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Schweich challenges Nixon's shift of budget money to pay for Joplin recovery

This article first appeared in the St. Louis Beacon, Aug. 19, 2011 - When a Missouri governor withholds money from the state budget, can he spend it on something else?

That, in essence, is the question as state Auditor Tom Schweich and Gov. Jay Nixon tangle over the governor's June decision to withhold $170 million from allocated budget appropriations to help cover the state's costs for the Joplin recovery effort following the May 22 tornado that killed at least 160 people.

Missouri governors have engaged in the practice of "withholding'' budgeted money for decades. "Withholdings'' technically aren't budget cuts, because they can be restored later during the fiscal year, if state revenue levels indicate that enough money is available.

Withholdings have been a common practice, as Missouri governors seek to comply with the constitution's mandate that the state end its fiscal year with a balanced budget. Governors also have seen withholdings as less onerous than having to make huge cuts during the final months of a fiscal year, because of unexpected financial downturns.

Schweich, a Republican who took office in January, is questioning the practice -- particularly since Nixon is planning to use the withheld money for something else, in this case the costly disaster relief for Joplin.

As a rule, previous governors generally have not re-allocated withheld money.

Schweich alleged in a letter sent to the governor on Friday that Nixon, a Democrat, is violating the state constitution and exceeding his authority. Nixon's staff says that's not the case.

Schweich noted that the money had been "appropriated by the Missouri Legislature for programs such as community colleges, children's services, courts and judges, the University of Missouri, senior health programs and others."

"The state auditor has determined that, when the governor decided to withhold funds from these programs, there was no basis in the Missouri Constitution, law or accounting for doing so."

"The stated basis for the governor's withholding from these programs is that funds need to be available for relief efforts in Joplin and other areas of Missouri struck by natural disasters over the last few months," Schweich wrote. "We do not question the need for state assistance in affected areas; it is critical. However, the approach chosen by the governor is problematic.

"Our analysis is as follows: under the Missouri Constitution, the governor may withhold funds appropriated by the legislature if there is an actual shortfall in state revenues below the amount on which appropriations were based," the auditor continued.

"The governor's budget director was unable to provide the auditors with accounting data of any kind to support the more than $170 million in withholdings; they produced no projections, spreadsheets, studies or analyses to justify the withholds. In fact, the governor made his decision to withhold more than $170 million from the fiscal year 2012 budget before the fiscal year even began..."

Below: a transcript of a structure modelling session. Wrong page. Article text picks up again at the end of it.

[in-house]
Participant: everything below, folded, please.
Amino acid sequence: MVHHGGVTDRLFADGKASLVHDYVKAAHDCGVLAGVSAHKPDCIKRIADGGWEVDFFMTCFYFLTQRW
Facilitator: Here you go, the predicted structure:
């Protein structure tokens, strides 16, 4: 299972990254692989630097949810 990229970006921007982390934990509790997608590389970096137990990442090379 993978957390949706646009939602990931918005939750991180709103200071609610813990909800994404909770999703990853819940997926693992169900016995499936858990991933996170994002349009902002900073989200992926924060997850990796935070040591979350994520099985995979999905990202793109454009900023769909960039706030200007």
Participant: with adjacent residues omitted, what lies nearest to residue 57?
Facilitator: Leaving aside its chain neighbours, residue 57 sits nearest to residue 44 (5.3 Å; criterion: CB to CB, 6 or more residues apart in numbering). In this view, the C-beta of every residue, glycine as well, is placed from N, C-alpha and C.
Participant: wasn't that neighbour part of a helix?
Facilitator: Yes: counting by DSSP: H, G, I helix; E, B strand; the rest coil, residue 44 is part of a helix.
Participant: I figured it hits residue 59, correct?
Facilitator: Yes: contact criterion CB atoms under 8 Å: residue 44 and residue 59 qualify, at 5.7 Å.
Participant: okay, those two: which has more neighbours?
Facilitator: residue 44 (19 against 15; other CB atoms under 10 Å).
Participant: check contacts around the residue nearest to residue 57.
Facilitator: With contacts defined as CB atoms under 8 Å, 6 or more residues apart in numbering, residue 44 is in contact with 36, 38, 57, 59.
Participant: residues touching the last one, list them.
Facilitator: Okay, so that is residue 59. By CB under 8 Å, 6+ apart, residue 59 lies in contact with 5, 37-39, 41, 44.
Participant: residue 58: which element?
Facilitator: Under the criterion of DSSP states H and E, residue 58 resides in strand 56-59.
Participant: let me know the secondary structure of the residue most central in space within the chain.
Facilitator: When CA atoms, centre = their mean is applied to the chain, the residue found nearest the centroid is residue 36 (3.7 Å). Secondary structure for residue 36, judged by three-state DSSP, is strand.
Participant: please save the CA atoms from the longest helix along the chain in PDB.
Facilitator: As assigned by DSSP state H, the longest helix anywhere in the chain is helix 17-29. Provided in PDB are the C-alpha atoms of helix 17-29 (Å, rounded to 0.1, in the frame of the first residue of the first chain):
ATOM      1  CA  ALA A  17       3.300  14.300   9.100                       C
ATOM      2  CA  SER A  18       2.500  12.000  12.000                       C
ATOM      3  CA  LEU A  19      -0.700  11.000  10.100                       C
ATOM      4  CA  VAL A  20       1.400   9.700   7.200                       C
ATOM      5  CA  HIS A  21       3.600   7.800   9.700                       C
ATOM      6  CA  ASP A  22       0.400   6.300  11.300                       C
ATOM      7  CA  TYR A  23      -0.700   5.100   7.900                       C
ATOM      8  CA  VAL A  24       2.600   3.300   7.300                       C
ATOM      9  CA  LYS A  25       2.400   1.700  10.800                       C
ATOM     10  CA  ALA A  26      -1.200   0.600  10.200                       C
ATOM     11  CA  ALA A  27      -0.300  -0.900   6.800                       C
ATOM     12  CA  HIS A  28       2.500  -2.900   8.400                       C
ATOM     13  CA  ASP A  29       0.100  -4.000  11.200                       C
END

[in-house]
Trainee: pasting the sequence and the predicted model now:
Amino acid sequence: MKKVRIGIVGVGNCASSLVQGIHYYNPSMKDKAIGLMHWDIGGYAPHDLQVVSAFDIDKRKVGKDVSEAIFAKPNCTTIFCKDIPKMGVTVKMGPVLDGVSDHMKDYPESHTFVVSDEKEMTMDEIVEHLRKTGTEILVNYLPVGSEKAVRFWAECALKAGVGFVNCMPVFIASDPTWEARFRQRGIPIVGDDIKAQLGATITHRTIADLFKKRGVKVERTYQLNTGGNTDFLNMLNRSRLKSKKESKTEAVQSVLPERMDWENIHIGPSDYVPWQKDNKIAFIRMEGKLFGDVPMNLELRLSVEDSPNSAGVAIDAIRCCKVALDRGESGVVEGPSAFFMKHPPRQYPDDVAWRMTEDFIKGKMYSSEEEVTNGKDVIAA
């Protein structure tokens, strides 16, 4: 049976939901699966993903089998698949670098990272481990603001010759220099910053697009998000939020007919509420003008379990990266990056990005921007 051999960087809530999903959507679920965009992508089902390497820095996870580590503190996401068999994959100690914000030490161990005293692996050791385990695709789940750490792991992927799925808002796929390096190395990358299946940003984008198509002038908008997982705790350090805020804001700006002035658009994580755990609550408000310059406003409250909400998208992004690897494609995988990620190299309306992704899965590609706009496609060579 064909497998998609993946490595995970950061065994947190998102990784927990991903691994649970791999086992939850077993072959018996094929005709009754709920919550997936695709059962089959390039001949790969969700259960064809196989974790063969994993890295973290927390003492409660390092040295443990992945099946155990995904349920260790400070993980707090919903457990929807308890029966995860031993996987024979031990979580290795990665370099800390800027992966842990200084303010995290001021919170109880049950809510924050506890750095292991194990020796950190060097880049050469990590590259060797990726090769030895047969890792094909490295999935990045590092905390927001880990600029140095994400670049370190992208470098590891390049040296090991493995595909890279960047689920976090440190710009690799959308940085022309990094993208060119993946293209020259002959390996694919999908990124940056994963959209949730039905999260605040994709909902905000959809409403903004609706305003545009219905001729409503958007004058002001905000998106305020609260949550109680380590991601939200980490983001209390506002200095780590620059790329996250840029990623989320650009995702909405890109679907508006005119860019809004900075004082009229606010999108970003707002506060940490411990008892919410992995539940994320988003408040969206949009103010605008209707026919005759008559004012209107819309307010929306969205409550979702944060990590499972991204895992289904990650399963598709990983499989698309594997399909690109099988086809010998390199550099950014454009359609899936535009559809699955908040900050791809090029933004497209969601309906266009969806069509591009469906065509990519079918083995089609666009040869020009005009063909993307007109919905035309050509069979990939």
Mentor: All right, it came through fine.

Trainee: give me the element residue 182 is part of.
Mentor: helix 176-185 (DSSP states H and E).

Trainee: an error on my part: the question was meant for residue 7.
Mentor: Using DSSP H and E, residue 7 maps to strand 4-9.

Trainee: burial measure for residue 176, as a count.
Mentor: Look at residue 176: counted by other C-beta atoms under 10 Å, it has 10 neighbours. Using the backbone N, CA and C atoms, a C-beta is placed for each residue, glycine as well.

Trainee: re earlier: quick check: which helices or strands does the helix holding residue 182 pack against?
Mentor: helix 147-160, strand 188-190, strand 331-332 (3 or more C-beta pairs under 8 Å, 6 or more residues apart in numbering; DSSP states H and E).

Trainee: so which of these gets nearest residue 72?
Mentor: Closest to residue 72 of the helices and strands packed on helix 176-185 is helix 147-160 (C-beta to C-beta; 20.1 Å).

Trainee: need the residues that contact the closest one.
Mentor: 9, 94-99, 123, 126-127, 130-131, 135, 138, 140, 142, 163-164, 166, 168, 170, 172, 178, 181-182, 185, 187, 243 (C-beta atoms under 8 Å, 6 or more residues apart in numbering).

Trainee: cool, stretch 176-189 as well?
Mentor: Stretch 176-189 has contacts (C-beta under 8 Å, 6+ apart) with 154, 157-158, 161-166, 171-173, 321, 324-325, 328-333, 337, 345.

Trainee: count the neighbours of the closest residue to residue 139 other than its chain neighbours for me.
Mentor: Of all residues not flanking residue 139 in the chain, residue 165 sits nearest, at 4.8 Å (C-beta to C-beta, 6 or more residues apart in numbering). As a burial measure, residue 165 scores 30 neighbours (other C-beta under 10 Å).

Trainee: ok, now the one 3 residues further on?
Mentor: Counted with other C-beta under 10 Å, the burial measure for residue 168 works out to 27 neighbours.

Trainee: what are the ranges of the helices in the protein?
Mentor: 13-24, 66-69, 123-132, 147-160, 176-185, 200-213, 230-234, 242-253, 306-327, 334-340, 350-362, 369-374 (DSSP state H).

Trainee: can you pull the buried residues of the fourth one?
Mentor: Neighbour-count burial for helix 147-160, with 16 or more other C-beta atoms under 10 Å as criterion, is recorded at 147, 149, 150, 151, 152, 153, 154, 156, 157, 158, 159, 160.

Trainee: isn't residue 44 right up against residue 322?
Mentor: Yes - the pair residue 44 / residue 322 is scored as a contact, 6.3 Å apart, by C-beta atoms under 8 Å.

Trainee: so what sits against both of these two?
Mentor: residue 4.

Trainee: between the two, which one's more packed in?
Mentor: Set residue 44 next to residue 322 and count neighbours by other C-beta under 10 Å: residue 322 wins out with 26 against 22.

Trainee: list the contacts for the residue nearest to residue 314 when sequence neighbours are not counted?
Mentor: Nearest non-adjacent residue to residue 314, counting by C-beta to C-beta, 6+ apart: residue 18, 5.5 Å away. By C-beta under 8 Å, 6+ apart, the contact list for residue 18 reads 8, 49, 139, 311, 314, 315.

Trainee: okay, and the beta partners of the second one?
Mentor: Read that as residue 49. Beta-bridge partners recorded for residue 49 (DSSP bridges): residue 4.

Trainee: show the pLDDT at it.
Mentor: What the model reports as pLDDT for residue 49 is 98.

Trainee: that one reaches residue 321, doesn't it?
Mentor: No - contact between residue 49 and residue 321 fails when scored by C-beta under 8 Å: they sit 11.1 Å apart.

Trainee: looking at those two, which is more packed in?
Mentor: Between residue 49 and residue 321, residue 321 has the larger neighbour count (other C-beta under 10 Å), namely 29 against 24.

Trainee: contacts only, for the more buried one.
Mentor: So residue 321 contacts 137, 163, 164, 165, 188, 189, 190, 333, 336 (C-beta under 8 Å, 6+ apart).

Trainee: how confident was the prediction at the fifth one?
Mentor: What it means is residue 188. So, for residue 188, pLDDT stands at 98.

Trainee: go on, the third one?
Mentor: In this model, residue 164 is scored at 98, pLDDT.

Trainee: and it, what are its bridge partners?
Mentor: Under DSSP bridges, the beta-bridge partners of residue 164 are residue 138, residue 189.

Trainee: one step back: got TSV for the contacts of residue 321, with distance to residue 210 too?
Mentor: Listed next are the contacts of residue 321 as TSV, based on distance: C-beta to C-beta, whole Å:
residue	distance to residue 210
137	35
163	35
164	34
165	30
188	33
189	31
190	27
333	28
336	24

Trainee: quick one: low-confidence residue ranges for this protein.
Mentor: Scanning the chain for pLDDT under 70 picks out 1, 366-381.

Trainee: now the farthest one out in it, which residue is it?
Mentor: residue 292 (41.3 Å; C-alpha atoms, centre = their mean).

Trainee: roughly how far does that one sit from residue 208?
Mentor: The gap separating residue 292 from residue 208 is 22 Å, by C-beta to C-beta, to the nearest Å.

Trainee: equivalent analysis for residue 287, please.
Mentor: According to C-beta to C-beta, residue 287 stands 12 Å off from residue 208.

Schweich contended that Nixon should "work with the legislature'' and come up with other ways to find the $170 million. "These options include, but are not limited to, utilizing the $159 million revenue surplus from fiscal year 2011; working through the supplemental budget process; borrowing from the Missouri Rainy Day Fund; or financing these disaster recoveries in future budget cycles."

"In sum, we believe the governor has exceeded his authority in making these withholds," the auditor concluded. "The governor is effectively using the tragedies in Joplin and other parts of the state to circumvent the legislature so that he may pick and choose which programs to support. This is a disservice to the people of Joplin and the people of Missouri as a whole and renders the members of the Missouri Legislature, the representatives of the people, irrelevant...."

Nixon's staff replied that he is following the traditional practices of his predecessors. "...Gov. Nixon has made the tough decisions necessary to balance the state's budget and maintain Missouri's AAA credit rating. The governor has the constitutional responsibility and authority to cut spending to balance the budget, a power used by Governors over the years and consistently upheld by the courts. The auditor's letter is wrong."

"Gov. Nixon will continue to ensure that Missouri will meet its obligations to help communities recover and rebuild in the wake of the many natural disasters this year, including the devastating tornado that hit Joplin," his staff added. "The governor will continue to fulfill his responsibility to balance the state budget, fund necessary services and help our communities recover from these disasters."

Jo Mannies has been covering Missouri politics and government for almost four decades, much of that time as a reporter and columnist at the St. Louis Post-Dispatch. She was the first woman to cover St. Louis City Hall, was the newspaper’s second woman sportswriter in its history, and spent four years in the Post-Dispatch Washington Bureau. She joined the St. Louis Beacon in 2009. She has won several local, regional and national awards, and has covered every president since Jimmy Carter. She scared fellow first-graders in the late 1950s when she showed them how close Alaska was to Russia and met Richard M. Nixon when she was in high school. She graduated from Valparaiso University in northwest Indiana, and was the daughter of a high school basketball coach. She is married and has two grown children, both lawyers. She’s a history and movie buff, cultivates a massive flower garden, and bakes banana bread regularly for her colleagues.

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